“If we could harness just 50 percent of the anger that was directed towards the board over the last few weeks and redirect it towards the kicker, I guarantee you we'd have that thing overturned next year,” Scott said. “Never again will we let our legislators off the hook by begging for crumbs at the end of a legislative session.” 

Teachers say they can address the issues with Oregon’s education funding system and continue to put pressure on PPS administration to rethink their spending. 

“I think our [perspective] was that, yes, the state needs to do better,” Powell, the bargaining team member who teaches special education, told the Mercury. “And right now, PPS has money that they’re mismanaging.” 

PAT members and union supporters— along with state legislators— have criticized PPS for administrative bloat. Analysis by the Oregon Department of Education shows PPS spent less on direct classroom expenditures, including spending on teacher salaries and benefits, relative to its total spending than other large districts around the state. Instead, PPS spent more on general administrative costs relative to peer districts. 

“What if PPS invested the same amount relative to its total expenditures on direct classroom support as its peers? In 2021-22, if PPS invested the same relative percentage of its total spending as its peers, it would have invested an additional $43 million to $68 million in direct classroom expenditures,” the ODE report states.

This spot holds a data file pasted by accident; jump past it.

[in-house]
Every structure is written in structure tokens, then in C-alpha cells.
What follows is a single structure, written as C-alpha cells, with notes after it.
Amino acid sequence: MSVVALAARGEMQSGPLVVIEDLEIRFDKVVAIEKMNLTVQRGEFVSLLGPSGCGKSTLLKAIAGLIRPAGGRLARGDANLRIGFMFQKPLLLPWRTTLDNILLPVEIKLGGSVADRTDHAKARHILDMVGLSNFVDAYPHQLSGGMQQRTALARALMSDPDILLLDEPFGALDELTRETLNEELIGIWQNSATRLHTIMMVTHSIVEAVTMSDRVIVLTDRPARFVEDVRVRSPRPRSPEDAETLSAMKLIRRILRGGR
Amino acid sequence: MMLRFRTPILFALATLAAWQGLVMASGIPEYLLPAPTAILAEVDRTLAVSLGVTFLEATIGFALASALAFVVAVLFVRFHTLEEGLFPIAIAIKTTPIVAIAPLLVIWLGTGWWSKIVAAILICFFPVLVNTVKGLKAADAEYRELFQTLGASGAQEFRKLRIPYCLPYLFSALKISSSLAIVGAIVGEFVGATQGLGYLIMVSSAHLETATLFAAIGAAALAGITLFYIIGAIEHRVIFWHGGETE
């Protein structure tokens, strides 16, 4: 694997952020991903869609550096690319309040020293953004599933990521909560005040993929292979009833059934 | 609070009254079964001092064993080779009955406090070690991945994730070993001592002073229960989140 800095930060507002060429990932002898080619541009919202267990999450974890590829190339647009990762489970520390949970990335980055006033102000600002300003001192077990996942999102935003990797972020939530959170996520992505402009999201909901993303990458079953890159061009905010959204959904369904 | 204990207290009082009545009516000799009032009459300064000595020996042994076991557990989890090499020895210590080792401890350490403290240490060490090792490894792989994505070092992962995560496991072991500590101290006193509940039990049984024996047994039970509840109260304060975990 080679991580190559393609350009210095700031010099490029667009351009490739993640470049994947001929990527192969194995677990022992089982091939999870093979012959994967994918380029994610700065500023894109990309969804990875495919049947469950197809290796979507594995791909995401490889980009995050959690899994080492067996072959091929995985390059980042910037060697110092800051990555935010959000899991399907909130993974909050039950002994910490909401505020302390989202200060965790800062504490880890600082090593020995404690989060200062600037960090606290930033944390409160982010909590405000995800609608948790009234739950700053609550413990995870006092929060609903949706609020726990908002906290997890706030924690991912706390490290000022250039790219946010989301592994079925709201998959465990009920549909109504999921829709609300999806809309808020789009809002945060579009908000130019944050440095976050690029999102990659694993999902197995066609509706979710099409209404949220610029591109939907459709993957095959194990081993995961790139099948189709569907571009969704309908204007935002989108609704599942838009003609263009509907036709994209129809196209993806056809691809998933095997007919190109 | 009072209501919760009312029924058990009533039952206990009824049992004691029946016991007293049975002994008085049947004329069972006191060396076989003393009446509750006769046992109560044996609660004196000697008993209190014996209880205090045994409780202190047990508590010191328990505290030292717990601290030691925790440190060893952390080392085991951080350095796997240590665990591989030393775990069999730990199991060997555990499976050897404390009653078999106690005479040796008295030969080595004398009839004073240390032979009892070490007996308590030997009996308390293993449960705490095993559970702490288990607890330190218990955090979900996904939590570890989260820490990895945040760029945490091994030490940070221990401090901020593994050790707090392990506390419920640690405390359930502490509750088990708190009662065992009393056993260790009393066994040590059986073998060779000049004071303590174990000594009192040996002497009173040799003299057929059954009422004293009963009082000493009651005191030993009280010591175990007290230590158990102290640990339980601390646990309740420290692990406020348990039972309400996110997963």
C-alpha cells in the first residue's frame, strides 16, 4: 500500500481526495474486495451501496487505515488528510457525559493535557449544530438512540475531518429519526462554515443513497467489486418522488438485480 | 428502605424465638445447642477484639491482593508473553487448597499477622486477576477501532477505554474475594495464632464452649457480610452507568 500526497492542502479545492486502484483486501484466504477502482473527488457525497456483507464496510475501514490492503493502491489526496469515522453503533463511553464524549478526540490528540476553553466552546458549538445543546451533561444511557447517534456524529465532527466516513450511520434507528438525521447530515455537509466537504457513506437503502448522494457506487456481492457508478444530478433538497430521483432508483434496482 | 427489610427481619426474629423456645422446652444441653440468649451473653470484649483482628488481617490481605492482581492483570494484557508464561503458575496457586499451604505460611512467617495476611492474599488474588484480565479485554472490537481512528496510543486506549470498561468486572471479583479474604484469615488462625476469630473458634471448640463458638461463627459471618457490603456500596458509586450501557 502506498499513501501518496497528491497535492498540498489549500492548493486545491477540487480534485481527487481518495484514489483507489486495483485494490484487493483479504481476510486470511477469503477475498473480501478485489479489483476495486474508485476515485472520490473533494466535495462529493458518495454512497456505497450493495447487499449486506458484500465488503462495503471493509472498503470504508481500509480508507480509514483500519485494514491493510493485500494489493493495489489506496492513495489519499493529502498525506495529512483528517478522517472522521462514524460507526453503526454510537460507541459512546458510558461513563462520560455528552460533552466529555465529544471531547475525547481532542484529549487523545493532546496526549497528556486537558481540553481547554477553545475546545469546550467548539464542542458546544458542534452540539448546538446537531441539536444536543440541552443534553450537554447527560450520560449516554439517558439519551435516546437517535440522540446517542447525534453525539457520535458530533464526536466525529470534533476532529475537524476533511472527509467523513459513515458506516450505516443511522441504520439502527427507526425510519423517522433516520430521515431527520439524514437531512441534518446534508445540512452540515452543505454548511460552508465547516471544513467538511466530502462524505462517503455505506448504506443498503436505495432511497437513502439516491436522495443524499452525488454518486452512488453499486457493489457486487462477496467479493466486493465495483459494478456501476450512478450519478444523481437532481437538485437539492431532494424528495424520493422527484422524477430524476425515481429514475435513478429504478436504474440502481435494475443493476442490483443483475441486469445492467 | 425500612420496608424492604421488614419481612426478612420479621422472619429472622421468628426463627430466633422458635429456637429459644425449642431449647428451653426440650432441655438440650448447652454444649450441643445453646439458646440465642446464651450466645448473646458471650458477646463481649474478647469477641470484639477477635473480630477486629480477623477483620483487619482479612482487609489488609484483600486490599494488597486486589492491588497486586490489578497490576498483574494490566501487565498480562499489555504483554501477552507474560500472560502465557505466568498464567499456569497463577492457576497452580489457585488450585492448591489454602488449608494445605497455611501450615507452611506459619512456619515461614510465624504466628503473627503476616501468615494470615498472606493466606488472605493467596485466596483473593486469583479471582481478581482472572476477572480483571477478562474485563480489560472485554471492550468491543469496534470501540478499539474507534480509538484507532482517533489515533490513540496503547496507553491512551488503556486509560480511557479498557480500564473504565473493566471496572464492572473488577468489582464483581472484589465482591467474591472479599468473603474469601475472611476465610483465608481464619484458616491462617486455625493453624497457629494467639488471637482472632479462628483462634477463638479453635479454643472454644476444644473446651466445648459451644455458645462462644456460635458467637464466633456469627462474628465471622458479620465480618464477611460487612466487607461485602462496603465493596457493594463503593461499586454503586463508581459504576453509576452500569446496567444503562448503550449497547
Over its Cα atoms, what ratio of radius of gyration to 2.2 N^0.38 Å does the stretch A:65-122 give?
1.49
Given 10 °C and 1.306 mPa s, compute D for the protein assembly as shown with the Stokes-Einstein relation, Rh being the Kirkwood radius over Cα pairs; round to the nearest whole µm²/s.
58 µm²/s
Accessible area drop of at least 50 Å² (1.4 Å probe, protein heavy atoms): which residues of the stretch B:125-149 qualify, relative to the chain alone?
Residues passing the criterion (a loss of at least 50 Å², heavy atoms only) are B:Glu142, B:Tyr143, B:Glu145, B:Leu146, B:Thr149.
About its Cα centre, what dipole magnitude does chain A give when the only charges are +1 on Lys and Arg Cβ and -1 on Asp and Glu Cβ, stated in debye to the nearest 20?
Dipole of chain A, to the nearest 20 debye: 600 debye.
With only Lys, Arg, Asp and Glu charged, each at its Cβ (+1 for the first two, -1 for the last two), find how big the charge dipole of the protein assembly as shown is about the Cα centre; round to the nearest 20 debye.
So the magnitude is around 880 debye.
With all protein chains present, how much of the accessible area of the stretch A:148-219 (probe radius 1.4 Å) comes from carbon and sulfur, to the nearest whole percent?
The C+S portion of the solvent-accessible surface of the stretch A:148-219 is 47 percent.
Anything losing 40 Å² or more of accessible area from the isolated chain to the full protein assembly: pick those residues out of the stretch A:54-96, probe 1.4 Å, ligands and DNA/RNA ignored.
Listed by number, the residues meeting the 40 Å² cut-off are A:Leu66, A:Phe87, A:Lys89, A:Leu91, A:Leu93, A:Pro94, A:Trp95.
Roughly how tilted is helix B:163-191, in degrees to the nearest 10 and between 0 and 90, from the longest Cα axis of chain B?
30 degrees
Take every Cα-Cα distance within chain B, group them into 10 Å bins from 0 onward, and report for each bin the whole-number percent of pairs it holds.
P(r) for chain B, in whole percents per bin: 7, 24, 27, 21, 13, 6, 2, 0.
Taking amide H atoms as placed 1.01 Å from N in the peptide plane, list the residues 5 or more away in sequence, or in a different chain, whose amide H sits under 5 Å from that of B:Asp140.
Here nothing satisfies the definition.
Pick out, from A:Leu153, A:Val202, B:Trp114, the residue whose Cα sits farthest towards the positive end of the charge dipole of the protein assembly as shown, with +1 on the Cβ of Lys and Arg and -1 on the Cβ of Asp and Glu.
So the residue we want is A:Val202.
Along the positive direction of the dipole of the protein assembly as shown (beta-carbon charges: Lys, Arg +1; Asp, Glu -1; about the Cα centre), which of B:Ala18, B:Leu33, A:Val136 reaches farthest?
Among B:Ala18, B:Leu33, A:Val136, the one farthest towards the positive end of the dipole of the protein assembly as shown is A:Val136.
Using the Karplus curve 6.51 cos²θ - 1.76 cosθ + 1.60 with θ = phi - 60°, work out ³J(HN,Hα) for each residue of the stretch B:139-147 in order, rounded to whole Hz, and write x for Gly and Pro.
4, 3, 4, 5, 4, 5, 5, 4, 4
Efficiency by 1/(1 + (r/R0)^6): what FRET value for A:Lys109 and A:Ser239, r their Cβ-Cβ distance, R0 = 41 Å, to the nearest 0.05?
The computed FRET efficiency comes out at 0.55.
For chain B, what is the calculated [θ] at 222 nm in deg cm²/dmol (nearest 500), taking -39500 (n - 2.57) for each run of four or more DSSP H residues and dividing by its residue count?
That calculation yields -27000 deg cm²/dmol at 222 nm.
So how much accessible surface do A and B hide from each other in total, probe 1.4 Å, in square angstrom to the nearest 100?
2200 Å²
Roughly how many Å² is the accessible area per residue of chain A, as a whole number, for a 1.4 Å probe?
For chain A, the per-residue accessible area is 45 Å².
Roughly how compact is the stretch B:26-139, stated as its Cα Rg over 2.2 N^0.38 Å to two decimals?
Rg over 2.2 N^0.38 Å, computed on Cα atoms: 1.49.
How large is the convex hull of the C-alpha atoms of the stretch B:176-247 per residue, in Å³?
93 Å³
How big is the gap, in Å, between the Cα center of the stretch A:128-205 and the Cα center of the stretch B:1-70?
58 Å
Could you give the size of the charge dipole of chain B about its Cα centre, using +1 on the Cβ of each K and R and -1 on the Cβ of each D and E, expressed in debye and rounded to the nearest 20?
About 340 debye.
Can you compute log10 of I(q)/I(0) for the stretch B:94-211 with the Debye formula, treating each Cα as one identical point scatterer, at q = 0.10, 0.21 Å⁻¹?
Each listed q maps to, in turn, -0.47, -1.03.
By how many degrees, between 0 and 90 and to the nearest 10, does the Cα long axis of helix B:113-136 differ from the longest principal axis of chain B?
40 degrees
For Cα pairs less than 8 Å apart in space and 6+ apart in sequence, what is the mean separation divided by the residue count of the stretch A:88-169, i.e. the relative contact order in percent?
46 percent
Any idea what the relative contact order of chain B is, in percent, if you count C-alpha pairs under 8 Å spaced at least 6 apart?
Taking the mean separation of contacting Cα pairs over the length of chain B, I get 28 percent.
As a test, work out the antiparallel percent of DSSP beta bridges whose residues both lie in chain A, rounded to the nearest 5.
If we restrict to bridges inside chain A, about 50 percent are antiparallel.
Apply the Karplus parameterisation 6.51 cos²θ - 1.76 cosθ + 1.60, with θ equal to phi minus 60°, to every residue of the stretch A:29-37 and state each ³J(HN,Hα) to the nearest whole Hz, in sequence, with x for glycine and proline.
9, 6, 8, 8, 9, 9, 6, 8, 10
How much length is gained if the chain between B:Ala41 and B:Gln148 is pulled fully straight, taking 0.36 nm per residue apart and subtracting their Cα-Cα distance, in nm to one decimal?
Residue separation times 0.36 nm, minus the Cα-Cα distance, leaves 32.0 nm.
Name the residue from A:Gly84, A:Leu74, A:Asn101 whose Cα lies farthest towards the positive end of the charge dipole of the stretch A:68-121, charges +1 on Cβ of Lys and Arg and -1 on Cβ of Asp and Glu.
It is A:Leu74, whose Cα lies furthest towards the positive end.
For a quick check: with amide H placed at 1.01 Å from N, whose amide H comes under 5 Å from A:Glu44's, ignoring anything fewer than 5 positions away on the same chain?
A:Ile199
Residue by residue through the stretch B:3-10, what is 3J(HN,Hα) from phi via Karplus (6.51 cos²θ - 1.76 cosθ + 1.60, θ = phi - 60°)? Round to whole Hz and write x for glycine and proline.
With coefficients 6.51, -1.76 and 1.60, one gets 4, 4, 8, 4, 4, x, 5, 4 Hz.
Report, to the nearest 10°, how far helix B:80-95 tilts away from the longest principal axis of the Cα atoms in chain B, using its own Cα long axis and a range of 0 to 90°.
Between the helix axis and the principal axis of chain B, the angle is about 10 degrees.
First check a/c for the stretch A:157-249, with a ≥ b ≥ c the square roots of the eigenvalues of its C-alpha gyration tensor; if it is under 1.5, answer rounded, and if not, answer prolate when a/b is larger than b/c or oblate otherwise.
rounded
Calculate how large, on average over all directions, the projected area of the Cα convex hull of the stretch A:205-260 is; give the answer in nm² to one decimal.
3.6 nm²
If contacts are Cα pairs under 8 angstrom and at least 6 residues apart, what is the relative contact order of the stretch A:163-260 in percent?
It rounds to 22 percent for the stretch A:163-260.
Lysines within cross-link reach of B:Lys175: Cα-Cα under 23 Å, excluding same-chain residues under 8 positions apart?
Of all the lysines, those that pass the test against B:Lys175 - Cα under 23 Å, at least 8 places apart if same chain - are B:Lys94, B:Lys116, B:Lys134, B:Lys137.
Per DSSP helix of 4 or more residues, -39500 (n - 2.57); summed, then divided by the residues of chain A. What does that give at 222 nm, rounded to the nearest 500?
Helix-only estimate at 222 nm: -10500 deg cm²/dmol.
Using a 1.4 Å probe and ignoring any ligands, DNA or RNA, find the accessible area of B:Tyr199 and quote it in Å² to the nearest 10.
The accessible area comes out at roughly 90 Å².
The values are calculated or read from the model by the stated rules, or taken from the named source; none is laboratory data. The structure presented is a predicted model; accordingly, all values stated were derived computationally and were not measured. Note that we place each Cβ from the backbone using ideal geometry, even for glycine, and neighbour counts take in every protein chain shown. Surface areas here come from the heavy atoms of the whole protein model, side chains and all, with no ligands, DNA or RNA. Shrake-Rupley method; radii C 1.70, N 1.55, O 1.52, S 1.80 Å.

“Never again will we let our legislators off the hook by begging for crumbs at the end of a legislative session.” -Andrew Scott, PPS school board 

One area many PPS critics point to when criticizing the district’s spending: The district’s communications department, which has a $2.3 million budget, $1.8 million of which is allocated for personnel. For reference, the entirety of Creston Elementary School runs on a $2.5 million budget annually. 

PPS says their new contract with PAT will require $130 million in budget cuts over three years. It’s unclear where the budget cuts will come from, but district leaders have said they’ll take a look at administrative spending. 

What’s next for labor?

Other local labor groups are looking to the Portland teachers’ strike as an example of the power of community solidarity. The teachers’ strike was one of the largest labor actions to take place in the city in years, mobilizing thousands of people to come out in support of educators and unions. 

Labor organizers point out that the strike has drawn attention to Oregon’s school funding woes and shifted the Overton window in favor of better working conditions for teachers and other school employees. 

“Our public educators have moved the conversation forward toward fully funded public schools for all,” an email newsletter from labor organization Portland Jobs With Justice states. “Thanks to PAT for…fighting (like hell) for high quality teaching and learning environments, and for building a creative, joyous, and powerful labor community movement felt in every corner of the city.” 

As PPS heads into later stages of bargaining with its other unions, workers will have the benefit of increased community awareness and employee solidarity on their side. 

Angela Bonilla outside PAT headquarters in October. taylor griggs

“[PAT] is the largest union in our district, so we understand the power that we have to give solidarity support to our partner unions,” Bonilla told the Mercury. “You can't have school without teachers, but you can't have safe, healthy, and clean schools without our Portland Federation of School Professionals or SEIU partners…we're going to put all our energy and solidarity behind their fight.”